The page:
I have to preface this review by saying that I’m a big fan of The Mountain Goats and John Darnielle’s lyrics in particular. A few years ago, I got a hold of a copy of All Hail West Texas after one of my guitar teachers at Old Town School used “The Best Ever Death Metal Band out of Denton” for a twin spin (a sheet of paper with a song on each side). The CD was on heavy rotation in my car for months—I sang along, tried to figure out strum patterns, and marveled at the way Darnielle created little mini-novels in each brief song—songs about misunderstood teens, fighting couples, and the marvels of a newborn’s gaze. Many albums later (I had some catching up to do), I’m still a fan.
So, I was intrigued but not surprised by the fact that Darnielle wrote a novel. Much like music of The Mountain Goats, this novel might not appeal to everyone. It’s dense and complicated and dark. It took a couple of chapters for me to get a feel for Darnielle’s rhythms but soon after I was hooked.
This is the story of Sean Philips, who was horribly disfigured by an accident as a teen. As Sean lies recovering in the hospital, he develops a complex role-playing game that is played fully by mail. The game is set in a post-apocalyptic future and the players are looking for a safe haven called Trace Italian. Players write to Sean with their next move (and a small fee) and then Sean sends back information about the results of this move. Even after the Internet hits, this old fashioned game is still played by enough people to help Sean pay his bills.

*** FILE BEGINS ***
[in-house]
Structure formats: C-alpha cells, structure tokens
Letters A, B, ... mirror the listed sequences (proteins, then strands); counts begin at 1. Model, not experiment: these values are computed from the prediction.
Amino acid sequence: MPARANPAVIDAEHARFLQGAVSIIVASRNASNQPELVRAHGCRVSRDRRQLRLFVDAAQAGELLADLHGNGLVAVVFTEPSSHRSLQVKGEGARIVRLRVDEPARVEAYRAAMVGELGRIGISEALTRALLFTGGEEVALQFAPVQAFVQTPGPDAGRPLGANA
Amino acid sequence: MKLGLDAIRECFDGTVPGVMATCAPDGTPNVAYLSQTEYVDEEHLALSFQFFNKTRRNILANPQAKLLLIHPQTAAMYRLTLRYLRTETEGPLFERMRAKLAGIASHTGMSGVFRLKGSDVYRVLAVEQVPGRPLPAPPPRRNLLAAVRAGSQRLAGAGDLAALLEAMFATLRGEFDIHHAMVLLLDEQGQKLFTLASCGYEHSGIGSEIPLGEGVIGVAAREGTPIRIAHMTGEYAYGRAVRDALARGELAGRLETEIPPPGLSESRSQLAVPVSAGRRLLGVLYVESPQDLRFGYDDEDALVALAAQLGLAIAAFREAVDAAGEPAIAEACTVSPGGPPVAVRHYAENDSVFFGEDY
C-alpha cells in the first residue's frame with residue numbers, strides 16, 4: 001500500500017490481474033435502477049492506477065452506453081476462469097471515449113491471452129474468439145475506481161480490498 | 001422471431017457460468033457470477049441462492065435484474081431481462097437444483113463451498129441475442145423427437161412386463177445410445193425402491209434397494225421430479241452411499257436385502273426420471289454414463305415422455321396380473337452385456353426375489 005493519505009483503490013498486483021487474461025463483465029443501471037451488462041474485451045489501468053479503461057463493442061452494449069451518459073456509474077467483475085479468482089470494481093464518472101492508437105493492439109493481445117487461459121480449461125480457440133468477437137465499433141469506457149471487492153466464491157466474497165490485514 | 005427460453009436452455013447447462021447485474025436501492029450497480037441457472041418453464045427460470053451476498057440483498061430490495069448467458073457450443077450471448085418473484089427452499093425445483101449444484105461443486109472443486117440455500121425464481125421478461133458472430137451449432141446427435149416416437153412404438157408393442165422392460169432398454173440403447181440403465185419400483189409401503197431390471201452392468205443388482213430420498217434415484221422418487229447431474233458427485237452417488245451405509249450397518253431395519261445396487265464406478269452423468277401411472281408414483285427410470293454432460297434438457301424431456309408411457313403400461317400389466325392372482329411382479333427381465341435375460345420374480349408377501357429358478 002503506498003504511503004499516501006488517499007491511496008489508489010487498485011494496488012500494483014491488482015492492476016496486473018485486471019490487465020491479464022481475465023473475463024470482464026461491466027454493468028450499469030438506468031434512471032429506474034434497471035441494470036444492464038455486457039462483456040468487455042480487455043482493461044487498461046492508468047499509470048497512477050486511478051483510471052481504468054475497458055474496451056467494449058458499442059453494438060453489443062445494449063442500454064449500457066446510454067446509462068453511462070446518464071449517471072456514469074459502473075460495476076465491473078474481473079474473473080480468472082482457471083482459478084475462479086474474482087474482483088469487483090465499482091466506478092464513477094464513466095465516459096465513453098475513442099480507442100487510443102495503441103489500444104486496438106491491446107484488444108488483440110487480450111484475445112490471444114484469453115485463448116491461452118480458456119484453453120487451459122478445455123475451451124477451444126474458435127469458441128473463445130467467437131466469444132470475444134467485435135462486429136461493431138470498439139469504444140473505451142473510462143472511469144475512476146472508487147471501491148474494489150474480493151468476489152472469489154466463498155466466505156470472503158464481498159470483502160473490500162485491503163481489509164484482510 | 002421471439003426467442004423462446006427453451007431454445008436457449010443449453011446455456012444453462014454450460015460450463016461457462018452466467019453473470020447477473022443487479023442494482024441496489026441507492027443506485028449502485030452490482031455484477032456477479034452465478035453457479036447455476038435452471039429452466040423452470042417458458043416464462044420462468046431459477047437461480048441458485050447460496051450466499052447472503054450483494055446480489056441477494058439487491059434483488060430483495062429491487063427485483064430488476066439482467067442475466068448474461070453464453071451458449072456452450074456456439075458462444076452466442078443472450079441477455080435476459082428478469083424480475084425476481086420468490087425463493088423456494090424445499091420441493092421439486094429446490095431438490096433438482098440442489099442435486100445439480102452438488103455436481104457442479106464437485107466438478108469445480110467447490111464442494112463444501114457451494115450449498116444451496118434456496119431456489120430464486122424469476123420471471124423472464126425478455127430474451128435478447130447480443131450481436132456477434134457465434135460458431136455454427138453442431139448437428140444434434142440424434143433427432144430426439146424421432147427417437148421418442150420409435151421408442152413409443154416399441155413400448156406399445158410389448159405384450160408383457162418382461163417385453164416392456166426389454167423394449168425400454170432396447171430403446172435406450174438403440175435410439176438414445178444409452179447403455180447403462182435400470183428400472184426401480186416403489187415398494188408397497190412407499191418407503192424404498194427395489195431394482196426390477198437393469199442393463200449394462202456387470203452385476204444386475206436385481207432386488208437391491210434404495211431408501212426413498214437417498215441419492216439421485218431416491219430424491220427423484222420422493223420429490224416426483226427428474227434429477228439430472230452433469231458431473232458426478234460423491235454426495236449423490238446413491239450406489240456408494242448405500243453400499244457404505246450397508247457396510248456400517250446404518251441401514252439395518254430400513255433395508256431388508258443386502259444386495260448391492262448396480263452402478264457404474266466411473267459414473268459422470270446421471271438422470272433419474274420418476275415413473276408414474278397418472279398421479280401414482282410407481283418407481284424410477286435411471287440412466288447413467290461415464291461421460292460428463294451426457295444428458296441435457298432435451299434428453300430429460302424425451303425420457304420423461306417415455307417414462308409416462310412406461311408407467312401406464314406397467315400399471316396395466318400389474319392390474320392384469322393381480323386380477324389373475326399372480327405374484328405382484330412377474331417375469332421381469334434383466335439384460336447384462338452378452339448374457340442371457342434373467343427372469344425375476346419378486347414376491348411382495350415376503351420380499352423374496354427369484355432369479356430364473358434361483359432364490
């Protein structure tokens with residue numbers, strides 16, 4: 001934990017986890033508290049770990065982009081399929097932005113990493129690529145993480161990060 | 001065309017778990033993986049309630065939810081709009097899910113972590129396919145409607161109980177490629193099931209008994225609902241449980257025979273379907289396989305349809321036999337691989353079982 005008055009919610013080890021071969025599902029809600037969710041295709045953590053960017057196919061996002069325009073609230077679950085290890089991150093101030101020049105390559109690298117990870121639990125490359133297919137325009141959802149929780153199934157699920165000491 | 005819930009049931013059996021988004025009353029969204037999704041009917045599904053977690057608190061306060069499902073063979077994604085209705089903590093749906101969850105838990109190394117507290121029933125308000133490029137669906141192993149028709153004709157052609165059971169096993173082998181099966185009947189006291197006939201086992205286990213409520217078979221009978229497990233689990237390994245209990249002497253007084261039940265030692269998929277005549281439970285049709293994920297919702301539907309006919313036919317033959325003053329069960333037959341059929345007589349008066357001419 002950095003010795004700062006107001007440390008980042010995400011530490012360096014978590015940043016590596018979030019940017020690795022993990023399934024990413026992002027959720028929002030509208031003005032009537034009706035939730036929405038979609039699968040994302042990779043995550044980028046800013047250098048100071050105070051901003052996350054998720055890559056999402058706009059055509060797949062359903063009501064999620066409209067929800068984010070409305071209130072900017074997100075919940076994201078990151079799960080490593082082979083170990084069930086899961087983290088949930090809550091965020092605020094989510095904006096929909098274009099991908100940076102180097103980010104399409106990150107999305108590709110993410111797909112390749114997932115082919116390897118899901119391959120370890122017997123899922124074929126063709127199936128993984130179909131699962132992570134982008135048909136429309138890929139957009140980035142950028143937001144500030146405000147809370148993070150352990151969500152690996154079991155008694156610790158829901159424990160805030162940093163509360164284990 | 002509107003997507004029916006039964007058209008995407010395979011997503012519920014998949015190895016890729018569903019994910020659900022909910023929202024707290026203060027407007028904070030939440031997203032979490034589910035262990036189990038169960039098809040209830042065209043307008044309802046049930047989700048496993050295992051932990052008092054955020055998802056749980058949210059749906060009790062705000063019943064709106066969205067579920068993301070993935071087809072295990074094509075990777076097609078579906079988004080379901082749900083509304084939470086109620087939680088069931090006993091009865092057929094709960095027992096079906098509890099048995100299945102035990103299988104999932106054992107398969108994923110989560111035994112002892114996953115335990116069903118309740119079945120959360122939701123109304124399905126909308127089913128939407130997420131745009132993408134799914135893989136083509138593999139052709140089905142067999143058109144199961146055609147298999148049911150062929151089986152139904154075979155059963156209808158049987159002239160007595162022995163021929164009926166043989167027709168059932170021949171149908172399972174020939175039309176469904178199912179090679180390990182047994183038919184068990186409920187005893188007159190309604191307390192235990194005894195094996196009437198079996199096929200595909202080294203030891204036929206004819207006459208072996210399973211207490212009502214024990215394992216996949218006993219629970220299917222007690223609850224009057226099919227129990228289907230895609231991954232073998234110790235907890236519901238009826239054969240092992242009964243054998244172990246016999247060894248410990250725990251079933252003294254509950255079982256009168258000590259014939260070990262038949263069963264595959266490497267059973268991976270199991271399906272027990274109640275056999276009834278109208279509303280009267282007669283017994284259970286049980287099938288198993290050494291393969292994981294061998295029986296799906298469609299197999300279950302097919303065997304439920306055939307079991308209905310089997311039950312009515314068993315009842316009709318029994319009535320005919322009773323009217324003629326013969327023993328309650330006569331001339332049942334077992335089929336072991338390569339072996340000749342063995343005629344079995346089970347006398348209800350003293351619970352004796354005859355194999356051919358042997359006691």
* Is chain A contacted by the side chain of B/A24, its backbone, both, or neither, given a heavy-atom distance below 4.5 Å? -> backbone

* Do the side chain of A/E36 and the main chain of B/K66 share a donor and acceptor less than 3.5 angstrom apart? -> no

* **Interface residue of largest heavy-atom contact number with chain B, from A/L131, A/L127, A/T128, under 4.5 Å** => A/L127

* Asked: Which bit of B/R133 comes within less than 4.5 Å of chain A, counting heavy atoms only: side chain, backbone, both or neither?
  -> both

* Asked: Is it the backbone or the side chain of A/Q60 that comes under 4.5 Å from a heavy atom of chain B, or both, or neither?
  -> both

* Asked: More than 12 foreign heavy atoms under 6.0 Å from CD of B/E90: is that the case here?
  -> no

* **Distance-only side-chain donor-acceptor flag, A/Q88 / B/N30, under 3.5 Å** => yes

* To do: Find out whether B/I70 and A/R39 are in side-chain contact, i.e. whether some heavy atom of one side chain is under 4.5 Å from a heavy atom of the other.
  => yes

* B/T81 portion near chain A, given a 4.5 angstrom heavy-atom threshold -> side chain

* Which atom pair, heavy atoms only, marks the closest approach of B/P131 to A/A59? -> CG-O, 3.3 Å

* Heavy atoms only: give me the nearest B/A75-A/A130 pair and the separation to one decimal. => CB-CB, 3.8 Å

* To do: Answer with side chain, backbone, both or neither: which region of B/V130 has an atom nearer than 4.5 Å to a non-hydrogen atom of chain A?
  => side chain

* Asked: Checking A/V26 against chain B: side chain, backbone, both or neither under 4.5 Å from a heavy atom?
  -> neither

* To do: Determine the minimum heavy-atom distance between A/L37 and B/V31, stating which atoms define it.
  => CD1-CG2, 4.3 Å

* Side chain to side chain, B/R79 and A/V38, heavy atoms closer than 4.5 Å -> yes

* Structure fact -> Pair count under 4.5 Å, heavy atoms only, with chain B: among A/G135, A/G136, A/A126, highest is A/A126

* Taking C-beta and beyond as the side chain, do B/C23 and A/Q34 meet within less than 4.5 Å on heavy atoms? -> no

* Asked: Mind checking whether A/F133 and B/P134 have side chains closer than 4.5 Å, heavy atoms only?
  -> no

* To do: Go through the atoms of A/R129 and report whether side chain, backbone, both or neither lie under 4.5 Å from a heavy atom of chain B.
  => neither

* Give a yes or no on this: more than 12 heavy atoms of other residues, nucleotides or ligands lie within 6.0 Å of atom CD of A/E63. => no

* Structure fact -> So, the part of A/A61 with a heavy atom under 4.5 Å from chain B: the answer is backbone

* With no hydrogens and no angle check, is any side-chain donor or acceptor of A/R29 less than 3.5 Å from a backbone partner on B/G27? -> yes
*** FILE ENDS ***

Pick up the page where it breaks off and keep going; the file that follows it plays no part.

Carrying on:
This novel starts in the present, as Sean is dealing with the aftermath of two of his players taking the game a bit too seriously. Lance and Carrie, two high school students, wander off into the wilderness to “find” the next move and there are disastrous results. Sean is taken to court by one of the teen’s parents but even though the case is thrown out, the tragedy has a ripple effect—making Sean think back to his own teen years. However, this makes the novel seem more straightforward than it is. The narrative moves back and forth in time and we are totally mired in Sean’s psyche. We see his teenage and adult obsessions, we see how his life is now, and we nervously notice that one plotline from the past seems to be leading up to the moment of Sean’s “accident.”
I’m not a big fan of re-reading books unless a lot of time has passed but when I finished this, I wanted to go back and start again. I feel like there was so much I missed—maybe because I’m not a gamer or knowledgeable about Conan the Barbarian (though I did see the movie about Robert E. Howard with Vincent D’nofrio and Renee Zellweger). That didn’t keep me from fully engaging in this book but it made me wonder about the layers I didn’t see. Again, I think this book won’t work for everyone. Like Darnielle’s voice, sometimes the writing style distracts from itself, but I couldn’t put this down.